Build Your Team on the Farm

Finance First

Farm leadership starts with understanding the differences in how your employees think

Published on: May 20, 2013

Has your farm grown in the past few years? Maybe it's grown to the point where you now have employees, and some of them might be non-family members. If it has, you know that leading and managing employees can bring some new stress into your role as the farm leader.

Have you ever asked an employee to do a task that you always used to do? You tell them how to do it. You answer any questions they have. You feel like they have a good handle on what to do – so you leave them to do the job.

Later, when you see the results of their work, it isn't anything like what you had intended or how you used to do it. You ask yourself: 'What are they thinking? Were they listening to me at all?'

Personality differences can throw a curveball into the mix when we're trying to get things done on the farm. This happens because we're all wired differently. What we say means different things to different people. Your employees 'hear' your information differently, depending on whether their brains typically think in an abstract or concrete way.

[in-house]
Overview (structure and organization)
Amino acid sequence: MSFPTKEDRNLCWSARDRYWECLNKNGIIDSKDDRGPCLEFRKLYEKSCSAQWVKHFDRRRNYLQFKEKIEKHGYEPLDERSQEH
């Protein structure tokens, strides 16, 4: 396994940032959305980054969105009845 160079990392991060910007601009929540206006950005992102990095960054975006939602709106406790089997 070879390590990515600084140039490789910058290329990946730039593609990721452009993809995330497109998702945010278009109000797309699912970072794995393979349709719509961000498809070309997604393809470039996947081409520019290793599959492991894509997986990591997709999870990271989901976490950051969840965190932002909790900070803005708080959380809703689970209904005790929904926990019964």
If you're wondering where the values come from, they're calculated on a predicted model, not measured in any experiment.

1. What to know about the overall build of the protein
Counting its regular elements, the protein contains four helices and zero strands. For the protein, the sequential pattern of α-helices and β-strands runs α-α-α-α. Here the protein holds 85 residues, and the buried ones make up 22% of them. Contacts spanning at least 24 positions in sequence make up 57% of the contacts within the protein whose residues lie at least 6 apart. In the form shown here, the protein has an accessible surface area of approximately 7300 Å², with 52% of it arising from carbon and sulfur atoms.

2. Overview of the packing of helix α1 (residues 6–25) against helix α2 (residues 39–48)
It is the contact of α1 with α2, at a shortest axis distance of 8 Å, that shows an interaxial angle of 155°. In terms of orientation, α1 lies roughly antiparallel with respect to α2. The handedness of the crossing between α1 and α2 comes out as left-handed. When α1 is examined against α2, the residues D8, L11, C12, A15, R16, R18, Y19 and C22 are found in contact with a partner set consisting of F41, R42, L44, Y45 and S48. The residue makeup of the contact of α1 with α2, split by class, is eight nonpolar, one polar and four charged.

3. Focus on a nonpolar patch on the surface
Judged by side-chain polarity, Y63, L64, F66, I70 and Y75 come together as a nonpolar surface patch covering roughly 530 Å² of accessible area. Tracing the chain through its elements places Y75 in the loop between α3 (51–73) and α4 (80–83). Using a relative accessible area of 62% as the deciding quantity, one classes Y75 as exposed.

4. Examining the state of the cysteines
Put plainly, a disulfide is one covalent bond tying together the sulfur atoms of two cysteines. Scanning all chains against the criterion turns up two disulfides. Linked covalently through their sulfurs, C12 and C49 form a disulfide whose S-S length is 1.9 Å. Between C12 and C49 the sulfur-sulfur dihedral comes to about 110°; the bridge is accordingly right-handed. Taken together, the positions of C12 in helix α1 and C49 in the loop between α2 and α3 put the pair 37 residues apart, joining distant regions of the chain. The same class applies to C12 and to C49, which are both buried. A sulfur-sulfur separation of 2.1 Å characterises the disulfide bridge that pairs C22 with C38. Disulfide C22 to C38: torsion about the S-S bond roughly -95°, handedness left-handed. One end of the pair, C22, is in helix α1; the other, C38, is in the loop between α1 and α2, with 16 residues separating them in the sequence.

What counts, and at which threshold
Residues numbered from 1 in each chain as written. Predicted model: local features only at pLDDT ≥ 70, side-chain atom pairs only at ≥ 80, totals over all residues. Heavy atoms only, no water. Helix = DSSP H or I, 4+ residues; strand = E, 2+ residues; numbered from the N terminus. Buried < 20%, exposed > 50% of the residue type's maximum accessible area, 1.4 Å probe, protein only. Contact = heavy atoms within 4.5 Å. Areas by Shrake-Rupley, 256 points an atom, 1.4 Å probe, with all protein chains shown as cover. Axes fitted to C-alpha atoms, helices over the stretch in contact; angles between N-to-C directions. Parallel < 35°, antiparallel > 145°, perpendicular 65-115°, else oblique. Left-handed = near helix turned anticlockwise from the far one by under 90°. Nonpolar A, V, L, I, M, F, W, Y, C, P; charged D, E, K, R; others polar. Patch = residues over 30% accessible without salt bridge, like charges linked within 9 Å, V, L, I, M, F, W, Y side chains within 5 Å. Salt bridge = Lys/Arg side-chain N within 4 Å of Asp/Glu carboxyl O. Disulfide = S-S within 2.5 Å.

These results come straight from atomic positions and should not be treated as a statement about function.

Here's an example where this might happen. Did you have a meeting with all of your employees to prepare them for planting season? Afterward, you probably felt that you were very clear with them about your expectations and how you want things to be done.

But we all perceive things differently – and our perception becomes our reality. Your employees come out of the meeting each hearing your message slightly differently – because of the way their brain perceives it.

Knowing about the different personalities that are out there and the differences in how each person processes information can give us an advantage as we work with employees. It can show us how we need to talk to each employee, depending on how that person processes information. It can help us understand their learning style – do they learn best through visual or auditory information, or by doing?

Being aware of these differences also shows us how to best motivate each employee. It makes the whole team on the farm work together better – becoming a more well-oiled machine. The operation runs at its best when different personalities – with their different strengths – work together.

You probably cannot accomplish everything that you need to on the farm if you fly solo all the time. Working together, your team achieves much more than you could if you were working on your own. Especially if you're growing your farm, think about how to build strong leaders around you - embrace the idea of building your team.